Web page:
Tuesday, March 18, 2008

Animal Phrases

Our association with animals is so immediate and constant, it only makes sense our language would include numerous references to animals or their behavior. Just last week I wrote about the phrase "Mad as a March Hare" (blog entry 3/13). That got me thinking about other odd phrases involving animals and I was curious as to why those phrases got started.

Ever hear the term "Mare's Nest?" I've always known it to mean "a tangled mess, a muddle." If I came downstairs in the morning, without brushing my hair, I was told that my head looked like a mare's nest. Odd. I mean female horses don't lay eggs and they most certainly don't build nests. Could this have been a reference to Greek Mythology and the flying horses known as Pegasi? Were they the elusive equine nest builders? But if so, why were their nests so untidy?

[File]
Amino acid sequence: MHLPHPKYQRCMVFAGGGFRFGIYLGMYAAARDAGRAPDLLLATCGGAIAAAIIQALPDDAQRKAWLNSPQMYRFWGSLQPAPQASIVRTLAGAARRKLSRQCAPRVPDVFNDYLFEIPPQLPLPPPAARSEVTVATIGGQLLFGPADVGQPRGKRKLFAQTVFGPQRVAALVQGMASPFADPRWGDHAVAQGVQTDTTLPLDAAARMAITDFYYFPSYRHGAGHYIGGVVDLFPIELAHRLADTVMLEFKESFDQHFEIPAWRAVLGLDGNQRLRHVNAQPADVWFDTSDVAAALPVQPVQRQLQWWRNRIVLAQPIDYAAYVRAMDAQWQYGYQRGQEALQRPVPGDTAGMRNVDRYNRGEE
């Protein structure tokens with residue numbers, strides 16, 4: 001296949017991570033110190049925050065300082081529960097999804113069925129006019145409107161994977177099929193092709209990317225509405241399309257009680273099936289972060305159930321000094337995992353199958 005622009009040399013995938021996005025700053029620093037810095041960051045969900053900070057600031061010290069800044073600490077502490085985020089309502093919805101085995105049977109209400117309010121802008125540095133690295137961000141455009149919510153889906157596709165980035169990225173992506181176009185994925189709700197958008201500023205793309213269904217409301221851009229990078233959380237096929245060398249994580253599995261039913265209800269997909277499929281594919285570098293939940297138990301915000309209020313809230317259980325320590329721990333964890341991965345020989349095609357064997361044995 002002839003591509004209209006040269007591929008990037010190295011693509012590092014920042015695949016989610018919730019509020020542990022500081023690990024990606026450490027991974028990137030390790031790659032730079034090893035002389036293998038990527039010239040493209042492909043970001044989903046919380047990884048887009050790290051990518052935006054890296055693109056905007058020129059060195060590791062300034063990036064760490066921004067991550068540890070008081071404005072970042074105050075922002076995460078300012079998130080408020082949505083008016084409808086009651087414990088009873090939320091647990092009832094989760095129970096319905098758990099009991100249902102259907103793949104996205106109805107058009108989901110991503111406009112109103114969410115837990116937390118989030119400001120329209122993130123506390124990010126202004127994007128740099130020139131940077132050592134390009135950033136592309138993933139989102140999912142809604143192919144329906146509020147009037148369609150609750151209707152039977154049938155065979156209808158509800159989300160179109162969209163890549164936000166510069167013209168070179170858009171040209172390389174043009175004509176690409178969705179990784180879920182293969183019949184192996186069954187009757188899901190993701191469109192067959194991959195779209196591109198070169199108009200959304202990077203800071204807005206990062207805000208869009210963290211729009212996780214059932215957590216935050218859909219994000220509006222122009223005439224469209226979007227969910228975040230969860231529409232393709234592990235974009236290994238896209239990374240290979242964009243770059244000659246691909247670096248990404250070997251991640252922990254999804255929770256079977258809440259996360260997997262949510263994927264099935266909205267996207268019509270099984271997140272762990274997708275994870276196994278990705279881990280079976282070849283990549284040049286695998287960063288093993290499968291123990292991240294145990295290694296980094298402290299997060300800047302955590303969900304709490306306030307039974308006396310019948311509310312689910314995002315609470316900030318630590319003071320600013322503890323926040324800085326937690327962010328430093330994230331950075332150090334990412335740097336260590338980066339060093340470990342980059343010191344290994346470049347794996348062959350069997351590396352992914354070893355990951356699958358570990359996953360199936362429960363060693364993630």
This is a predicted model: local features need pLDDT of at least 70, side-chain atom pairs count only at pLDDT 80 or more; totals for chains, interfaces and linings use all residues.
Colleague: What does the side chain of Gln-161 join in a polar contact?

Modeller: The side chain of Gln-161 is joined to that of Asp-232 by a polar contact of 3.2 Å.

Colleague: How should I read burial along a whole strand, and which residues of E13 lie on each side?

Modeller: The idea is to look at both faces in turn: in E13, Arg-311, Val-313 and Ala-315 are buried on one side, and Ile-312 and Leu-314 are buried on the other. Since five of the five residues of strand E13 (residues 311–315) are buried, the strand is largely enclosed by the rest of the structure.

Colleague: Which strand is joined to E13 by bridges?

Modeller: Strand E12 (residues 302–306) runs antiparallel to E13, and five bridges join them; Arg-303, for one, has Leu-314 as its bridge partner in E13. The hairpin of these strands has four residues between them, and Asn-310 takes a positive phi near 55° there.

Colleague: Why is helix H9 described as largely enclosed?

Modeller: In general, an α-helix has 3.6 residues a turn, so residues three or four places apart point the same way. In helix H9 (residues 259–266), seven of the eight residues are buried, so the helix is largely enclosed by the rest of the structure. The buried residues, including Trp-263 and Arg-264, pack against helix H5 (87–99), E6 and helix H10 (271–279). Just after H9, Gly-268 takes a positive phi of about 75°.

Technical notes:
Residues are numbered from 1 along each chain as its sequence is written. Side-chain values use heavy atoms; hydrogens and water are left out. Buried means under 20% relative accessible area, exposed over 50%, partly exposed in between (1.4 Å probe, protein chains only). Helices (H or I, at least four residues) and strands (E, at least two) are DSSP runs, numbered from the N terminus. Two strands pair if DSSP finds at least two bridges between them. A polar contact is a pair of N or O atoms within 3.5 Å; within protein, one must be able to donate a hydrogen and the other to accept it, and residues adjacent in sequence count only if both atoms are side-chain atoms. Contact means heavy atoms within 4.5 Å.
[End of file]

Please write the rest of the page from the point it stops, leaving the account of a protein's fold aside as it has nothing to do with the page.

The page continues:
Research into origins led to the phrase's first definition. A Mare's Nest was a hoax or a fraud. This seems to make more sense. If you'd found a mare's nest, you certainly had found something wonderful that simply did not exist. How we moved from the term meaning a sham to the term meaning a shambles is not easily found out. At least it wasn't found out by me. I can only put it down to the extraordinary adaptability of the human being.

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